I spent almost two hours talking over the phone to my friend, and later, my younger sister Afiqah, who is currently on holiday from his matriculation campus. She told me how my second younger brother - 10-year-old Amiruzzaman - has grown up into a stout and charming miniature of my father, and was actually performing silat during weddings in our village! He's an awful sentimental though. Right into my footsteps. 13-year-old Aiman had lost weight and must have looked more handsome than ever - he's tall, fair, with a finely chiseled, impish large-eyed face, and quite sturdy in built once he lost his childhood pot-belly. I missed them all so much! The kindly staff who had spoken to me earlier actually dropped in the waiting room to check on me - he looked around until he saw me and asked how I was doing. That's very sweet =)
Half past one, a train actually arrived from London. The mystery old-waiting-for-his-wife-man looked at his watch excitedly, gave me one last happy smile and left the waiting room. I never saw him afterwards - I hope he really found his wife. The room was starting to feel colder. I thought all the heat I brought with me in the room is dissipating. Wearing only a light shirt and a knitted cardigan suitable for Manchester early-evening weather did not help at all. Not even a muffler or gloves were with me. I performed my prayers in a corner of the waiting room - kneeling on the newly-mopped floor still smelling of bleach, and prostrating my face on my cardiovascular textbook as a makeshift 'prayer mat'.
In a contorted, splayed way, I fell asleep on one of the chairs - to wake up about an hour later, feeling absolutely frozen. God, I had forgotten that this kind of cold existed! Shivering, shaking, hugging myself, doing whatever I can to keep warm, and I was morbidly hungry. Two pieces of pizza and a handful of chips eaten at eight p.m., however full of calories, cannot sustain me this long! I shuffled out of the waiting room - to be greeted by the full-blown cold outside - and made my way, shivering, all muscles desperately contracting to generate some heat, finding a vending machine. How I fumbled in my wallet for pennies, inserting them one by one, barely able to move from the sheer cold. I felt almost dead by the time I got back to the room - searched desperately for any source of heat, in vain. Eating the Kellogg's SoftBake - the packet teared open with shaky stiff fingers - helped to warm me up a bit. Inspired by several fellow travelers who had recently entered the waiting room, I lifted my feet from the floor, and stretched on my side, the cushioned chairs serving as a makeshift bed.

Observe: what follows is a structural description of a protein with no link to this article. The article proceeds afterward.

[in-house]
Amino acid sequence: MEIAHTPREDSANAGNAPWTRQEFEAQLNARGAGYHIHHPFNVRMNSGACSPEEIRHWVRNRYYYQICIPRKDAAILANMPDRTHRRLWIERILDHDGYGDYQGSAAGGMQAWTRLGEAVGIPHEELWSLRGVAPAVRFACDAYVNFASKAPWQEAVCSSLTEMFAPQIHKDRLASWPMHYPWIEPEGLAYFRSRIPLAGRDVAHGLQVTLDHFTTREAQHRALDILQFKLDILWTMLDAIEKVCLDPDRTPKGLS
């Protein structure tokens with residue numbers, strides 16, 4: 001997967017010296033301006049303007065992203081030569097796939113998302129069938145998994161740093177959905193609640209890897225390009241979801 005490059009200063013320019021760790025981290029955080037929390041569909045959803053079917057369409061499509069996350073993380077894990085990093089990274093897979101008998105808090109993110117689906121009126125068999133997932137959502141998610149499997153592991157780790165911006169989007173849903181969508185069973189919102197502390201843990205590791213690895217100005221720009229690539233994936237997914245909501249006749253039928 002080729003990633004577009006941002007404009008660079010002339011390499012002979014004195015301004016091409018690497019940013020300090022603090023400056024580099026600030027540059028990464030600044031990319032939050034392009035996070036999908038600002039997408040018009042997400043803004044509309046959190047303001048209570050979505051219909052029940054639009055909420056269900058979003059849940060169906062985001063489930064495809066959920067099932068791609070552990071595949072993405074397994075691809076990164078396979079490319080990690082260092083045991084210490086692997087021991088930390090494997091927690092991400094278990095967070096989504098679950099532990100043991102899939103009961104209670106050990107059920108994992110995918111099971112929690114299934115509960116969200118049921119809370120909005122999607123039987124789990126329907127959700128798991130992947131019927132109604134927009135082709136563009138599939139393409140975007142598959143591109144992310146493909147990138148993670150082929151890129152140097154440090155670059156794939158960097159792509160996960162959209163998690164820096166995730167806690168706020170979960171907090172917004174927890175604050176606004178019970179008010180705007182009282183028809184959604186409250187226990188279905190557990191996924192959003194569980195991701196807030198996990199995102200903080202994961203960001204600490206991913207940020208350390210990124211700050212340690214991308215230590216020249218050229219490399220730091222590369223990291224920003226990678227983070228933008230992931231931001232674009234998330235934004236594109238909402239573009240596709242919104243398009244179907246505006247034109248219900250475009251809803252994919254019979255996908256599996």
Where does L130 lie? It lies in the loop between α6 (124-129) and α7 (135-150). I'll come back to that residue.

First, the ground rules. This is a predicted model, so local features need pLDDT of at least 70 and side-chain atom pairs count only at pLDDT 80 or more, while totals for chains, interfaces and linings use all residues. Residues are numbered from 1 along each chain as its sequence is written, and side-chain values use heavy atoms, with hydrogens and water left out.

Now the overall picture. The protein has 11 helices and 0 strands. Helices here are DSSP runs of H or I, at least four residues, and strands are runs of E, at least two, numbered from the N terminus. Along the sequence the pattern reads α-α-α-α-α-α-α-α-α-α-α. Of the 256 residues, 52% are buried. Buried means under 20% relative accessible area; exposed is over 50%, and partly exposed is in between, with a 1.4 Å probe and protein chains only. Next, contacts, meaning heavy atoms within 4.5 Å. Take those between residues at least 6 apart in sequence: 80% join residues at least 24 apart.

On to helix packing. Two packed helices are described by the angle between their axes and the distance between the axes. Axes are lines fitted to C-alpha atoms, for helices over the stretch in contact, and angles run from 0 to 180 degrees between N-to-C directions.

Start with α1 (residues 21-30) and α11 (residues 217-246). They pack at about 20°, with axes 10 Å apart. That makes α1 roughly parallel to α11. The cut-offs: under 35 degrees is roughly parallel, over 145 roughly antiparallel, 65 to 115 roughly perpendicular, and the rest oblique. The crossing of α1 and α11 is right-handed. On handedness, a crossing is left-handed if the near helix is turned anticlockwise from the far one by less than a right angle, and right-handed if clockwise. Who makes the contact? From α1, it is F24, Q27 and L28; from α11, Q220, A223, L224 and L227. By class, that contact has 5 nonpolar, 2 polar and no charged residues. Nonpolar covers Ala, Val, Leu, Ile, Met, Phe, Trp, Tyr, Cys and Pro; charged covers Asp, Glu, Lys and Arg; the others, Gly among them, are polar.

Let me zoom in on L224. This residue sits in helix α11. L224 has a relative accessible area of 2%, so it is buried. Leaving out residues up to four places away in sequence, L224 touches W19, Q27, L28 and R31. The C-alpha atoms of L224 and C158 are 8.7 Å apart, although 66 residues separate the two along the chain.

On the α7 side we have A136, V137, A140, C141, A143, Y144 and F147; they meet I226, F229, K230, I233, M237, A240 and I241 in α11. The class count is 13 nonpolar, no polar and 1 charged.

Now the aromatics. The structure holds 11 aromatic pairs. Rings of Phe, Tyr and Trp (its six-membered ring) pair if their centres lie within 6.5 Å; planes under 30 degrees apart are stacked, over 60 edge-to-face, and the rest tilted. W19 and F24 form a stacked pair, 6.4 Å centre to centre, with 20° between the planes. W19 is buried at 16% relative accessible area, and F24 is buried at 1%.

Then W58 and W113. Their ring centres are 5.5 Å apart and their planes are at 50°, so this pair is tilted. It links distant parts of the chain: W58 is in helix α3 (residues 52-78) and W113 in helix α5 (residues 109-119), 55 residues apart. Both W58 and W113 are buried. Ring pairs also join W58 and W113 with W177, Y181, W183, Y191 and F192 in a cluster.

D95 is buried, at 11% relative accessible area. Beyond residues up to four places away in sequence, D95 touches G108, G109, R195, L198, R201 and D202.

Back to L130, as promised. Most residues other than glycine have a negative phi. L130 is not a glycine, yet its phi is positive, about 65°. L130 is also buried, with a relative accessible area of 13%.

"The train to Manchester Piccadilly will be departing in ten minutes... so I think..." the slightly nervous young man with a foreign accent, standing over the curled-up me on the chairs, was sent as my saviour, waking me up just on time to catch the train I had desperately waited for. I scrambled up as gracefully as possible, thanked him profusely, looked around and saw that the room was now empty, and wondered with a semi-bleary mind barely functioning within a physique half-frozen by cold, how on earth I am going to find the platform? Luckily my saviour-man was also going to the same destination, and I braved the cold on the platform again to get to the train. The warm blast of air which greeted me upon entering the train was short-lived pleasure - I was still shivering throughout the journey, though not as bad as while waiting in the station.